Reader Comments

Brain Plus Review

by Nishish Sandy (2019-05-06)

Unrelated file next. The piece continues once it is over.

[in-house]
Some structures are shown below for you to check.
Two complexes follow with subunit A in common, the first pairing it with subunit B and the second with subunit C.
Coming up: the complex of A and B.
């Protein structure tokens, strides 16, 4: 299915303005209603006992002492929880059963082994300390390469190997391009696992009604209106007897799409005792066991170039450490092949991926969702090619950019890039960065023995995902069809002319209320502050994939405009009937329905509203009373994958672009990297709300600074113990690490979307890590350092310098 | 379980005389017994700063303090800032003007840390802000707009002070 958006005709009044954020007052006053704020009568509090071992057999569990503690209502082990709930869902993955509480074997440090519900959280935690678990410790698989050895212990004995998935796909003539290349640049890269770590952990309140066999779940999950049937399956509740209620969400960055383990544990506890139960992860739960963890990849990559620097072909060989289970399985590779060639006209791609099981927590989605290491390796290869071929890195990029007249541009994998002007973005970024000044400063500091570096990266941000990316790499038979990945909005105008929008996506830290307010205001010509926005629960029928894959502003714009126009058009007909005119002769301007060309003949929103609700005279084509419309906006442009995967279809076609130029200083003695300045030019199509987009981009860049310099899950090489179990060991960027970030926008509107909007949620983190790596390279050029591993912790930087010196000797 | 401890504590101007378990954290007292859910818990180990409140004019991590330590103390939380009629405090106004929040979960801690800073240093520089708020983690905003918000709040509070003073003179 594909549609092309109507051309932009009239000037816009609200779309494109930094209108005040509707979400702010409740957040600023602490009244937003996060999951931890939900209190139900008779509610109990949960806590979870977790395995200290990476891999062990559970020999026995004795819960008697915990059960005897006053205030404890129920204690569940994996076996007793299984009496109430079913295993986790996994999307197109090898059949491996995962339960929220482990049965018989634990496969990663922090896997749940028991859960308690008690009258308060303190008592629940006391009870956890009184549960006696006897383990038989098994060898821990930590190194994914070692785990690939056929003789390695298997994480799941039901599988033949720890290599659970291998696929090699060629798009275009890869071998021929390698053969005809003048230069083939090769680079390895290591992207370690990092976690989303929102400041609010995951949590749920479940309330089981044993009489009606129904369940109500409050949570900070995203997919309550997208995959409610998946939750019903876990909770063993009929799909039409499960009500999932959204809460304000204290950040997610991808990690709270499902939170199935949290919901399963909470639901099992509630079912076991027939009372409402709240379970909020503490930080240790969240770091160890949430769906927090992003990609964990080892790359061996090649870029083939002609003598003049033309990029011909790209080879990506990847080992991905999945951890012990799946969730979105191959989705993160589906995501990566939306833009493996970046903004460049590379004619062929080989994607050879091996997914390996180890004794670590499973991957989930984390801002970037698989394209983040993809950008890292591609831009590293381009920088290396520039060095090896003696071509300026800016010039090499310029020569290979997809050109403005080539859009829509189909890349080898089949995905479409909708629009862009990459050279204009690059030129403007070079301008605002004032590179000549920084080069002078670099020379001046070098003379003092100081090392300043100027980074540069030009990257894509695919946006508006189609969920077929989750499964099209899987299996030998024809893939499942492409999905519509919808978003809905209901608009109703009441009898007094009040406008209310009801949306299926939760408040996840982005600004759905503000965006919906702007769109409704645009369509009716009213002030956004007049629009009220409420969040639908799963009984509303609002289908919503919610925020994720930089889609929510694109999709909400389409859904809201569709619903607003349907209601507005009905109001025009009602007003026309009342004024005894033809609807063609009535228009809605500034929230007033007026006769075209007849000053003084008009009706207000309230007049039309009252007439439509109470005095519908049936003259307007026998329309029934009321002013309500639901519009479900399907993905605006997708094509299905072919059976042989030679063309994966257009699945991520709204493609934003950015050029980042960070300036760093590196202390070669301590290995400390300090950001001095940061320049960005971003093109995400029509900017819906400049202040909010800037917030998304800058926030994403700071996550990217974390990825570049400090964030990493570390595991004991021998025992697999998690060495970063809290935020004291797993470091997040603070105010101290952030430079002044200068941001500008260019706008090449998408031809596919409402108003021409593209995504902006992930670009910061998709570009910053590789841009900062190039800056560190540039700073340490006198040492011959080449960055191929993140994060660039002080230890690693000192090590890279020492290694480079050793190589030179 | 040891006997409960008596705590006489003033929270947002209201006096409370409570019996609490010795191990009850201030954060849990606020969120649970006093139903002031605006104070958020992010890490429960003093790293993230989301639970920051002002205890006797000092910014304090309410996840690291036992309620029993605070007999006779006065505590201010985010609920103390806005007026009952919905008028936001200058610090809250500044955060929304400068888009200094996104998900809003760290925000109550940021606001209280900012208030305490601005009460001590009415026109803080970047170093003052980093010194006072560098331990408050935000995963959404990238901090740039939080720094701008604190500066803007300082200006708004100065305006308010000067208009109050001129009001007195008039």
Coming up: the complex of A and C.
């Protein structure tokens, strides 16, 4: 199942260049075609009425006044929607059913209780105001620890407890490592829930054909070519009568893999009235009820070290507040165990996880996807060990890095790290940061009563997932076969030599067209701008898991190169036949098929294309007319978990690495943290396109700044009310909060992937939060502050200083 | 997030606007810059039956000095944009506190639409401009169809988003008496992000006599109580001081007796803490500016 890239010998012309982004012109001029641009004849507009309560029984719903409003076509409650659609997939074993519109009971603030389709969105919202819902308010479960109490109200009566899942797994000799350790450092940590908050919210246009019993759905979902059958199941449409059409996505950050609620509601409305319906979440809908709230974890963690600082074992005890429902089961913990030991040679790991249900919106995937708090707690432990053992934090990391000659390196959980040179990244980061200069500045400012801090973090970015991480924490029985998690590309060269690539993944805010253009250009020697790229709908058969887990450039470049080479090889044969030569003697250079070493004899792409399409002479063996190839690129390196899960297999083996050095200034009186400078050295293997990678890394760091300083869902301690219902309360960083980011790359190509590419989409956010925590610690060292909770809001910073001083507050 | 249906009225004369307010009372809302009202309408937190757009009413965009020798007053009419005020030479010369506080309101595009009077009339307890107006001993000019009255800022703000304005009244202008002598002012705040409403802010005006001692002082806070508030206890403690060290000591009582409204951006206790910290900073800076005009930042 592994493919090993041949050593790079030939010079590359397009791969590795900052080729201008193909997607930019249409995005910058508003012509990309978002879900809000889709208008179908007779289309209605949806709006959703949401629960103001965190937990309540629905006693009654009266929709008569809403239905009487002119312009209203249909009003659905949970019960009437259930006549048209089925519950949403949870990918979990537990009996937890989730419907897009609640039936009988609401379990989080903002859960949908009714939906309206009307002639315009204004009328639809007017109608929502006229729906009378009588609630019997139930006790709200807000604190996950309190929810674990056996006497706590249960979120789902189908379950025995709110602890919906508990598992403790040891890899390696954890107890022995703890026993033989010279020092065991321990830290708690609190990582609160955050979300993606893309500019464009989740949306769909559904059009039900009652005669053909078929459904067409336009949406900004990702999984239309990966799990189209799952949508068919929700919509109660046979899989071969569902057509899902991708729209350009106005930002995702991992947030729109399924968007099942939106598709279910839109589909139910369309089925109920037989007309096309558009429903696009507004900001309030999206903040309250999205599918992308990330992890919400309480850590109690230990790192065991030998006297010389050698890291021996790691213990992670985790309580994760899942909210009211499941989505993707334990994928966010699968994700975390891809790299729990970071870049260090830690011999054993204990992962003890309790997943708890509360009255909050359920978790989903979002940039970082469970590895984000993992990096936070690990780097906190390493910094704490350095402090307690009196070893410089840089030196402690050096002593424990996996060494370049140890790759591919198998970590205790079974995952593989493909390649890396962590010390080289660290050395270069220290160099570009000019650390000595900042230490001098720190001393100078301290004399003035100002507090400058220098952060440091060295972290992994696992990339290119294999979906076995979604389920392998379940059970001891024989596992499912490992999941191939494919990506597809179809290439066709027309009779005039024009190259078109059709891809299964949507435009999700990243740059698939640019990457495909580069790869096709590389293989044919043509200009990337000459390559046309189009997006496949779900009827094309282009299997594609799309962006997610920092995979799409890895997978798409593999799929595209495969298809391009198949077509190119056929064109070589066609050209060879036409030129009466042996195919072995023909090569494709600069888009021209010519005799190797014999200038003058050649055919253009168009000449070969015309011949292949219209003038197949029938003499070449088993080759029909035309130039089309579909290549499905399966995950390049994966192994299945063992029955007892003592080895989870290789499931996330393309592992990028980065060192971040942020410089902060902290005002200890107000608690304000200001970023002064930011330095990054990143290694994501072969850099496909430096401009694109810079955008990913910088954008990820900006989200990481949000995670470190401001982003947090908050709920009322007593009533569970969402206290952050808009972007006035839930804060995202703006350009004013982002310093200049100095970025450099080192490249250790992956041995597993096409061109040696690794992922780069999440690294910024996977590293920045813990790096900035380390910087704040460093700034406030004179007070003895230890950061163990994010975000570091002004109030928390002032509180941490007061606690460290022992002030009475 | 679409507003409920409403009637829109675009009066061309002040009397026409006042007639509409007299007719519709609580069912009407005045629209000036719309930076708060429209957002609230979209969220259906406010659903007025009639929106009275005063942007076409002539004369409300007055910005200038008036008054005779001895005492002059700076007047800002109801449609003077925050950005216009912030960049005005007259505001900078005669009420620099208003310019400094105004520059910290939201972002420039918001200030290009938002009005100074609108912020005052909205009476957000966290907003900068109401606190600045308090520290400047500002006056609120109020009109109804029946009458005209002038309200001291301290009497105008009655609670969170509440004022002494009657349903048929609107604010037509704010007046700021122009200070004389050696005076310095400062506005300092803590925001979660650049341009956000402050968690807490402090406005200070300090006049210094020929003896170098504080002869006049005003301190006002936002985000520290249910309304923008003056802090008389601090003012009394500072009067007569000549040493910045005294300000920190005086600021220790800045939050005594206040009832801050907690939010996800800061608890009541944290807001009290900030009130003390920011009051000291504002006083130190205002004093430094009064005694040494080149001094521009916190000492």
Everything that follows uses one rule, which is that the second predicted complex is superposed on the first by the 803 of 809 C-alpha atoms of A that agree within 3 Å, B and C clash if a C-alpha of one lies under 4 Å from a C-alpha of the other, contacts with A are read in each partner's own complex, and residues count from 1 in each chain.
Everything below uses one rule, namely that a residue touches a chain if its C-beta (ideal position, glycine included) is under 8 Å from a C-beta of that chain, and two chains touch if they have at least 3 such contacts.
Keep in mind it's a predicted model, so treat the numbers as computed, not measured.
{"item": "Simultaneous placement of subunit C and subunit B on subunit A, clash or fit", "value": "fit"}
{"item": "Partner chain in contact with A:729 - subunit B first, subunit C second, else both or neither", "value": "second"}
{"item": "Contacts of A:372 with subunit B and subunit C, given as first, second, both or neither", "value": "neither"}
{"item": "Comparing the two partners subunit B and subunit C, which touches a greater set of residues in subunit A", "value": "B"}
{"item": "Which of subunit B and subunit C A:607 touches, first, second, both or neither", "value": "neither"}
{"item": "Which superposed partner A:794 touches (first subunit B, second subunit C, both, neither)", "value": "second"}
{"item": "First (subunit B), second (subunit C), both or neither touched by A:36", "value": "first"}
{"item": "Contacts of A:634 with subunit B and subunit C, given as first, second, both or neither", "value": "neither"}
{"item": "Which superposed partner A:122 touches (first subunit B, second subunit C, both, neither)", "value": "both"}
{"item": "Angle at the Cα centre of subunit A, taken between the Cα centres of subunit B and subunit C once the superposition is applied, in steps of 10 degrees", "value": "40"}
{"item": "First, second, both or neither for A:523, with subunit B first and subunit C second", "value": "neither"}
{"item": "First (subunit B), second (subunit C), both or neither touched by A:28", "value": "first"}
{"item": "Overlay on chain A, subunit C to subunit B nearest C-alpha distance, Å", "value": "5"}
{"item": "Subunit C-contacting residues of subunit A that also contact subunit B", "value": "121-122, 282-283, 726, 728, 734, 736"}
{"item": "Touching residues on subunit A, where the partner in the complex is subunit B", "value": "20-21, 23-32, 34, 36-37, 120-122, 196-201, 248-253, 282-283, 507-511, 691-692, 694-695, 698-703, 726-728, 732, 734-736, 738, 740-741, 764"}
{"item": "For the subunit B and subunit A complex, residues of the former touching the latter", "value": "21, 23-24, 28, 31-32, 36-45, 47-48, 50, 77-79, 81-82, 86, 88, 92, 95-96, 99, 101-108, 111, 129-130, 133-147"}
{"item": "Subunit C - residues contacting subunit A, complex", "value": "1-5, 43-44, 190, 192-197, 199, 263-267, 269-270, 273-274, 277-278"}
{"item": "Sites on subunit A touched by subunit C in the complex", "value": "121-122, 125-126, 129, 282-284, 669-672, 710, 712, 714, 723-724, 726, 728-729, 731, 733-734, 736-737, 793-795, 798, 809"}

HDL stands for High Density Lipoproteins and do not cause blockages due to their higher densities.Brain Plus It is important to include in your diet foods that have a good level of HDL. The more HDL in your body, the easier it is for your body to get rid of the LDL. The best sources of the good cholesterol come from mono and polyunsaturated fats and oils, such as avocadoes, nuts, olive oil, etc. The chemistry behind this is far too complicated for this article, but it is definitely worth investigating foods with good levels of the good cholesterol. It is always best to talk to your doctor and/or a nutritionist to see if your diet is adequate. Now that you know how to fight the "terrorists", take a look at your diet. Having some LDL in your body is not harmful at all, especially if you lead a healthy and active lifestyle. By doing this, you don't give the "terrorists" a chance to do any damage and will eventually be "arrested", "re-educated" and broken down to a less harmful form, and then "deported". Just remember, cholesterol isn't always something that needs to be avoided at all costs. If you know how it works in your body, you can then make sure you adjust your lifestyle accordingly (if required). Your doctor can also check your blood to make sure there is a good ratio of HDL to LDL. As long as the "good guys" outnumber the "bad guys", you should be ok! People who monitor their blood pressure (BP) are less risky to stroke, according to recently-released statistics and a clinical study made by a neurologist from the University of Oxford. Statistics from the American Heart Association indicate an 18% increase of intracerebral hemorrhage in the past 10 years due to many elderly people lacking adequate blood pressure control. Data from 2003 to 2006 showed that 55.9% of people with hypertension aged 20 years did not have it controlled, such that poor control rates of systolic hypertension remain a principal problem that aggravates CVD risk. This is one of the reasons why death rates due to High Blood Pressure (HBP) rose to 19.5% from 1996 to 2006. The actual number of deaths due to HBP rocketed to 48.1%. Similarly, findings from a study conducted by the University of Oxford show that people with the greatest variation in systolic BP over seven visits to their doctor were six times more likely to have a major stroke. Meanwhile, people with the highest BP readings were 15 times more likely to have stroke. High risk of stroke is present to those with increased variability in blood pressure, high maximum blood pressure, and episodic hypertension.

 

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